Since Crossed Paths established Shifted as a contemporary techno artist, Brewer's work has come in fits and starts. It's become increasingly avant-garde, released under new pseudonyms like Covered In Sand, Relay and Alexander Lewis. Appropriation Stories marks the return of the Shifted alias after two years away. This is music that moves with a curious, polyrhythmic gait, casting a psychedelic shadow onto otherwise straightforward techno.
"Flatlands" is among Brewer's best tracks. Its central motif sounds like loose ball bearings rolling around the stereo spectrum as the rhythm section motors forward. Less intricate but equally impressive is "Watchers," where a high-pitched sound drills itself into your head. It's exemplary of an album where Brewer prefers abstract, atonal sounds to actual melodies.
What Appropriation Stories does differently is mix Brewer's last few years of sonic adventurousness with the dance floor dynamics of his older stuff, making for music that feels impenetrable and unstoppable. Appropriation Stories is an intense, bewildering listen. Only towards the end—with the the start-stop breakdown of "Watchers" and the depressive melodies of "The Faintest Trace, The Quietest Whisper"—does Brewer approach any kind of dynamism.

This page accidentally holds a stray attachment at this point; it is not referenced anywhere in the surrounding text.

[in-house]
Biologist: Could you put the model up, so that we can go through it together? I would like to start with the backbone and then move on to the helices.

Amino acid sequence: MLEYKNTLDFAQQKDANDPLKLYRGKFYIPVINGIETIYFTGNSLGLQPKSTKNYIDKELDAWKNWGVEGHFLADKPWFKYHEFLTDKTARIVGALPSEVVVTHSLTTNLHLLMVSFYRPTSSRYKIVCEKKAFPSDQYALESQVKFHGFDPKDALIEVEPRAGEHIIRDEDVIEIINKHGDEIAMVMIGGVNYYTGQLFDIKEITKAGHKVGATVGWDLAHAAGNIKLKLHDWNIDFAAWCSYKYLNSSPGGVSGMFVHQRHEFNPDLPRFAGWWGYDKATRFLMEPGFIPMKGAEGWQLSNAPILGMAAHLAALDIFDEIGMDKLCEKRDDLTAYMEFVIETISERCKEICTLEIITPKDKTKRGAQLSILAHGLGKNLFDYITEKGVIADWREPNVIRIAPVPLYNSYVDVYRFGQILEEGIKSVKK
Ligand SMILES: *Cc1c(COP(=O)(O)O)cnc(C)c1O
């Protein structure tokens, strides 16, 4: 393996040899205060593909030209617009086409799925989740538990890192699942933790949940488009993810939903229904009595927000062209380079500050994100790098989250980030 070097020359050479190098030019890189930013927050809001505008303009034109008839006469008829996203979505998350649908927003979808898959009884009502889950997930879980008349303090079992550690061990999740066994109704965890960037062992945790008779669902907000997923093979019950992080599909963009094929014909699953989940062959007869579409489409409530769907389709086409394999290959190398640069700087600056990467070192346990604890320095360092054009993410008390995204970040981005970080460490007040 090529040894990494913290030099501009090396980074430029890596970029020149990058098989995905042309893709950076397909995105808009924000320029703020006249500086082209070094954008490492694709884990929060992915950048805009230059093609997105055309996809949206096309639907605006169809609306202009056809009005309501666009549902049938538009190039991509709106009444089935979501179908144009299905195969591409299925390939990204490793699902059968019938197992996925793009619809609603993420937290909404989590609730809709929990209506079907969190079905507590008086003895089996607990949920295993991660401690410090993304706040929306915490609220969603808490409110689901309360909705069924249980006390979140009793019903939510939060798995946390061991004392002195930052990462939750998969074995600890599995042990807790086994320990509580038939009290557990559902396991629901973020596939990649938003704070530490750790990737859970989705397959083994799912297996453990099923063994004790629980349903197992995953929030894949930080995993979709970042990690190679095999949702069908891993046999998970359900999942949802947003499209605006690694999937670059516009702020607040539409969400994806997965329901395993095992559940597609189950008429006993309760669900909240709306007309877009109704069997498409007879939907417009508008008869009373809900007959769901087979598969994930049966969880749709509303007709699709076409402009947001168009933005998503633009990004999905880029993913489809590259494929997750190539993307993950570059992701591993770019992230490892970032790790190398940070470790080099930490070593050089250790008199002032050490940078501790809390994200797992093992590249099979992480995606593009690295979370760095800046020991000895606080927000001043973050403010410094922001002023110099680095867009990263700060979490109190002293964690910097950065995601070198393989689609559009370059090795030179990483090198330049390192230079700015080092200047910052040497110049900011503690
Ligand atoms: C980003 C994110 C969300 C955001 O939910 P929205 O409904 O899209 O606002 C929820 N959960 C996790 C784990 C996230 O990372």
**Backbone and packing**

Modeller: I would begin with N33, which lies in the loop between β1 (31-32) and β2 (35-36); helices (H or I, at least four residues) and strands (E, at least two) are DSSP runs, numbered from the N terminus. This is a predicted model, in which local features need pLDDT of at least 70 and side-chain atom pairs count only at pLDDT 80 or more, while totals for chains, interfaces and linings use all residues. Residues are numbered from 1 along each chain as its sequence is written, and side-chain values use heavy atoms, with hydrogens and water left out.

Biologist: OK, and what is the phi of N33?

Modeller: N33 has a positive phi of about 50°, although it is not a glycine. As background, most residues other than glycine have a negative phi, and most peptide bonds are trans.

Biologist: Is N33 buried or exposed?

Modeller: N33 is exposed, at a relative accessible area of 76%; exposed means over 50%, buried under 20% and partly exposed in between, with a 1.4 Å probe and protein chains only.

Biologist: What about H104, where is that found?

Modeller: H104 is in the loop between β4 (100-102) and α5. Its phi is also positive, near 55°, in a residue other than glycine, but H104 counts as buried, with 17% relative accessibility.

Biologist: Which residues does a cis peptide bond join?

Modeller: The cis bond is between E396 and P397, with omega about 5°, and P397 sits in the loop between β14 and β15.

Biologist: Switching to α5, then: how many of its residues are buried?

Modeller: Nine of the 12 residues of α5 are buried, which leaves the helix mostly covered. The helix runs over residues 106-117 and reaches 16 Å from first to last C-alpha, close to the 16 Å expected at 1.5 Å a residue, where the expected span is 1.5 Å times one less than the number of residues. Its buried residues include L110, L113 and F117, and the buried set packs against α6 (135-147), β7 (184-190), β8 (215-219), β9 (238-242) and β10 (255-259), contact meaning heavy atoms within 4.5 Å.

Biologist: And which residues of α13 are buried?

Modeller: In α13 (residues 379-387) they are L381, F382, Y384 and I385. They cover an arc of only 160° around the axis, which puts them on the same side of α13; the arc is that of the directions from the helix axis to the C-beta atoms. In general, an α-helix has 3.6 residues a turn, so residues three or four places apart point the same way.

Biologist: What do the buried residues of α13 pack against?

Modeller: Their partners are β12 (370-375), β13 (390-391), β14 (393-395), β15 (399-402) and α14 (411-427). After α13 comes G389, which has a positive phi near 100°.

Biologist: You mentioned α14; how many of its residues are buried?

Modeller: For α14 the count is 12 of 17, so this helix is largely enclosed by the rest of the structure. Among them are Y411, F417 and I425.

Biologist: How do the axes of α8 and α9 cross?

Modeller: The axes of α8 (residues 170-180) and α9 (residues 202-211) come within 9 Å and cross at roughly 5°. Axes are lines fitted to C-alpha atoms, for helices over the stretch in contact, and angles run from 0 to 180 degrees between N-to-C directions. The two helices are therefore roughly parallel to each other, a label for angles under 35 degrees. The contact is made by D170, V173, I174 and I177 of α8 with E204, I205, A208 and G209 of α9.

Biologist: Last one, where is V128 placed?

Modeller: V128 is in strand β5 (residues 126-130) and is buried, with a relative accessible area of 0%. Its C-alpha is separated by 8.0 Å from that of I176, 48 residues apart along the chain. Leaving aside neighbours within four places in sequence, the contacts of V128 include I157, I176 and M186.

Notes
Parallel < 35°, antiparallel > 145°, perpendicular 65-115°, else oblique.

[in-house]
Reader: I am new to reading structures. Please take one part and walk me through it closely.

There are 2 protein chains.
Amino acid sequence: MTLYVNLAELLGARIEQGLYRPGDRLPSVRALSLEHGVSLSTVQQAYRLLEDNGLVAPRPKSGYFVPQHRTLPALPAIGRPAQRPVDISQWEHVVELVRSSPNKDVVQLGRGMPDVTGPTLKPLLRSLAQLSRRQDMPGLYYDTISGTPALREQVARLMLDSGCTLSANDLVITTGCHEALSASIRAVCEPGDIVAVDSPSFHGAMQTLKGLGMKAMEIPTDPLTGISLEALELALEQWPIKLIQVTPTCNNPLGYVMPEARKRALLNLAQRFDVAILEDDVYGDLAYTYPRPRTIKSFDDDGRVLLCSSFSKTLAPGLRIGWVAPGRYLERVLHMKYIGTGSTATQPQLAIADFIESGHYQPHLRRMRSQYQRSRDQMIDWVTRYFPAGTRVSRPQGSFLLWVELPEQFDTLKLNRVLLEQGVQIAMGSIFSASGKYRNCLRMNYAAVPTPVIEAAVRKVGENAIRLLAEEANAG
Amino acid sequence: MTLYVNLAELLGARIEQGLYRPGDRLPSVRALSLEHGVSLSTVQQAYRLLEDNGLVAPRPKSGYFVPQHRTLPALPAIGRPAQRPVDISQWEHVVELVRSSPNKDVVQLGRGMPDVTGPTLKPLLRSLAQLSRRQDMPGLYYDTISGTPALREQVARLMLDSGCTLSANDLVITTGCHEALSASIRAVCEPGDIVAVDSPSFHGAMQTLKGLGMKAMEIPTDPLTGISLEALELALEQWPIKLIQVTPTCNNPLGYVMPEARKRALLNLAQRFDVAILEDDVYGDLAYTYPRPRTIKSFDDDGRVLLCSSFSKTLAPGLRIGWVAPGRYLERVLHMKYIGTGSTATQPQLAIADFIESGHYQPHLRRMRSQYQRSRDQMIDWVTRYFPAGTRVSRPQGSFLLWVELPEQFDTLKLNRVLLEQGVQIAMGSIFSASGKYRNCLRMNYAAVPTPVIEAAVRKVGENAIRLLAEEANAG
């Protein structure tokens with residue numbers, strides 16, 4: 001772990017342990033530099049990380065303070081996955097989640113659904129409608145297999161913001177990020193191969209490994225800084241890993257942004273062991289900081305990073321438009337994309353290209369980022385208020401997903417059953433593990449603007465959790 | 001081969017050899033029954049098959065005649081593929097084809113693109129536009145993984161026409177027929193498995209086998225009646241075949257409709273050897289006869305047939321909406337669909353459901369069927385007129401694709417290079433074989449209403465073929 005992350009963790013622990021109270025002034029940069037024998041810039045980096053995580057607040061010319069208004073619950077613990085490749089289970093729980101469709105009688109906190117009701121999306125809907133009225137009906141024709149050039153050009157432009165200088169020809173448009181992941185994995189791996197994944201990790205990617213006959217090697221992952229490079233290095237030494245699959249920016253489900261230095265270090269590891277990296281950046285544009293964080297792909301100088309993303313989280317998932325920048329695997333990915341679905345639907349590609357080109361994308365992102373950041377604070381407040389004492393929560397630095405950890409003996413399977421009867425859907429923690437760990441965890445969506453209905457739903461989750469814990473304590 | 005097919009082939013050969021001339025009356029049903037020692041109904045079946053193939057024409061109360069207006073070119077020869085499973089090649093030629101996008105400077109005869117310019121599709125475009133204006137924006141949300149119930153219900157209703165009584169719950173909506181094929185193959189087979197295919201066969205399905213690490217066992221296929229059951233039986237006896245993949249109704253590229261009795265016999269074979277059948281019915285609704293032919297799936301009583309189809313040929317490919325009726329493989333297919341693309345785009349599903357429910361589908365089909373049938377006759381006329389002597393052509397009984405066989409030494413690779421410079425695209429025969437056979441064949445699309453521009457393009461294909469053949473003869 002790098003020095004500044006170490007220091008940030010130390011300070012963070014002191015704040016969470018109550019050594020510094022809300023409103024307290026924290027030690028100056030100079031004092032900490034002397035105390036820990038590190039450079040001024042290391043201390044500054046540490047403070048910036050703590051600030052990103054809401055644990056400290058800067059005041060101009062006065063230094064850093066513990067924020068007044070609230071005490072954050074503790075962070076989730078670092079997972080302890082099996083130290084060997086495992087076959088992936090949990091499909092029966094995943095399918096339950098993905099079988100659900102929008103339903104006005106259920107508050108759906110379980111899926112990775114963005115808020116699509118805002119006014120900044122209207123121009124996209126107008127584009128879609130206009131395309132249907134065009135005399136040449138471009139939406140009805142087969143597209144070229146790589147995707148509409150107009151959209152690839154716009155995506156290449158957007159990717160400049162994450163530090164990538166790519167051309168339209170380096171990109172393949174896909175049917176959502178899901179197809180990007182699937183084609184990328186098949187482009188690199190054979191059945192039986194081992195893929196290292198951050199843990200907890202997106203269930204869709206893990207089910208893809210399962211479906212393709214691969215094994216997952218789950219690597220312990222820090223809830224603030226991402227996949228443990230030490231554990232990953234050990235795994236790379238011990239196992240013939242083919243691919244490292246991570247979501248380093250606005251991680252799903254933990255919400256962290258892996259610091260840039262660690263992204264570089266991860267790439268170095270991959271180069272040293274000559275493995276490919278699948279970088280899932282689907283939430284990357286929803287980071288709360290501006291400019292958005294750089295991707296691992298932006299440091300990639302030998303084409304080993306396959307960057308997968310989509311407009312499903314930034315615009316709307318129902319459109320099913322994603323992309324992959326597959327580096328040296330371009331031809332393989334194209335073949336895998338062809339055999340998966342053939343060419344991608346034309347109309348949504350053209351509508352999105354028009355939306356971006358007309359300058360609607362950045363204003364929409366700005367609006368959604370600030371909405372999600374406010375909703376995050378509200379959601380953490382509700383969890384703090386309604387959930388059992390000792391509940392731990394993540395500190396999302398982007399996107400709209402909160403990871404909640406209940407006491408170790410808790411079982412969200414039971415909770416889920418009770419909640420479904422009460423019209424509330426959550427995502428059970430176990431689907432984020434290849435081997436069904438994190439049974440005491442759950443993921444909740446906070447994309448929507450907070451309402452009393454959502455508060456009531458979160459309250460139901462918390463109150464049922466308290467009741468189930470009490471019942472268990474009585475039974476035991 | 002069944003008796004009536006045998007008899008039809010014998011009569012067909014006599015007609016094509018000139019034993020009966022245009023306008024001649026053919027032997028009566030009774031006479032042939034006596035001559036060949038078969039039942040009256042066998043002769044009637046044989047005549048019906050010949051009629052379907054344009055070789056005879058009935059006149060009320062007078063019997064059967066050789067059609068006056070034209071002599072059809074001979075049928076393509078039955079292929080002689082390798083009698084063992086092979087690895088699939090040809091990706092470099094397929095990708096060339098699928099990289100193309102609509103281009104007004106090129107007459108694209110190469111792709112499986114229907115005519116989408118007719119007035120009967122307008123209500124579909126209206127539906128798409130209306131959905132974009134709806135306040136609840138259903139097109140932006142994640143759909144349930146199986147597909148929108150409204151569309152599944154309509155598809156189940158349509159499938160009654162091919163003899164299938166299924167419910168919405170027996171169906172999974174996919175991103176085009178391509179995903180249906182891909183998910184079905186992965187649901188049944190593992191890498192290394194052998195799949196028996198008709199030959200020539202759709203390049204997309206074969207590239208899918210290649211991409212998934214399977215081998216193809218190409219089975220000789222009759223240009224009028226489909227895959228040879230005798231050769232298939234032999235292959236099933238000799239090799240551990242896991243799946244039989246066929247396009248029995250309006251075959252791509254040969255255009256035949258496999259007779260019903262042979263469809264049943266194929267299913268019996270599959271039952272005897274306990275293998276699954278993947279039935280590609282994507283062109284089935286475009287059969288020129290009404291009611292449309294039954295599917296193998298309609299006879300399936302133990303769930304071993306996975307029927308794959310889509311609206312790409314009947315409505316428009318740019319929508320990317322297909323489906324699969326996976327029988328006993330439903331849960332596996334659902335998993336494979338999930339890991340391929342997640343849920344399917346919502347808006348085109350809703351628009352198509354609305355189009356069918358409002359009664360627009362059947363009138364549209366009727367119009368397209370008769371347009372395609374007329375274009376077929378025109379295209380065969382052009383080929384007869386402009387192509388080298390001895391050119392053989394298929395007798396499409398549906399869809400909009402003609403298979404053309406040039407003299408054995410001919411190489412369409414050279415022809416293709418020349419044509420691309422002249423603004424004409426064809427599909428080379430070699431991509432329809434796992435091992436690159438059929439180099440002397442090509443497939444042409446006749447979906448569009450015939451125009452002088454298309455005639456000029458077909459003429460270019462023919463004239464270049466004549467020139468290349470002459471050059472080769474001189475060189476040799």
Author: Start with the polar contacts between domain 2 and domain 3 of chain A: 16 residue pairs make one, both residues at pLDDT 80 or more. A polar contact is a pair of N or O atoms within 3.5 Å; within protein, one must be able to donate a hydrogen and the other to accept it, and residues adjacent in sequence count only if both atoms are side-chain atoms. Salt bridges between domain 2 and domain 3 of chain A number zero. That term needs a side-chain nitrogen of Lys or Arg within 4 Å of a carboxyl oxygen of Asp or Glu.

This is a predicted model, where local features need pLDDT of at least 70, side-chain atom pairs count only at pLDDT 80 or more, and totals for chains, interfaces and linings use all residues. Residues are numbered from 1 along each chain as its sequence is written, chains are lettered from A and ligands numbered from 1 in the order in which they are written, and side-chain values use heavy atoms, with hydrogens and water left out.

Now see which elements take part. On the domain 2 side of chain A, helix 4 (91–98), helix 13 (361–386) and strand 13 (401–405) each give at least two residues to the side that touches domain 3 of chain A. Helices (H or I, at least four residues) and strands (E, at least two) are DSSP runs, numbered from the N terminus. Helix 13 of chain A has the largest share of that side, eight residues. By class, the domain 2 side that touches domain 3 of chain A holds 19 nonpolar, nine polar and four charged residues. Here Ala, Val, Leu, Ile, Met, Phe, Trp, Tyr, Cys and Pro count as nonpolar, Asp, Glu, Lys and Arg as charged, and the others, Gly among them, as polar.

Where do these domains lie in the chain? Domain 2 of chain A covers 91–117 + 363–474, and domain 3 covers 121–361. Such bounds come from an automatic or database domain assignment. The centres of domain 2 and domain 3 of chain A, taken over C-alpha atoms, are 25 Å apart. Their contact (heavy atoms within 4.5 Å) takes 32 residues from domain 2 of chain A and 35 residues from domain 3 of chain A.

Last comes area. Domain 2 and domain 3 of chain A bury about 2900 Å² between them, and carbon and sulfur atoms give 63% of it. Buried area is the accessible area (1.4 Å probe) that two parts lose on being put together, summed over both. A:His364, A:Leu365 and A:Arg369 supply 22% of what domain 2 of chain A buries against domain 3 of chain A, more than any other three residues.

Even the album's drum & bass motif feels vague. Try as you might, you won't find any amen breaks here, aside from whatever fragments of sound might be taken from old drum & bass tracks. It's more of a spiritual affinity, something in the way these tracks seem to always be in motion and yet are so rigid they could be at a standstill. As with most of Shifted's music, Appropriation Stories isn't an epic statement or a leap of faith. It's another inch forward, another layer of detail and atmospheric noise stratified into his dense music. The title isn't so far off after all: listen carefully and you can hear the accumulated sounds of Brewer's past packed into its knotted grooves.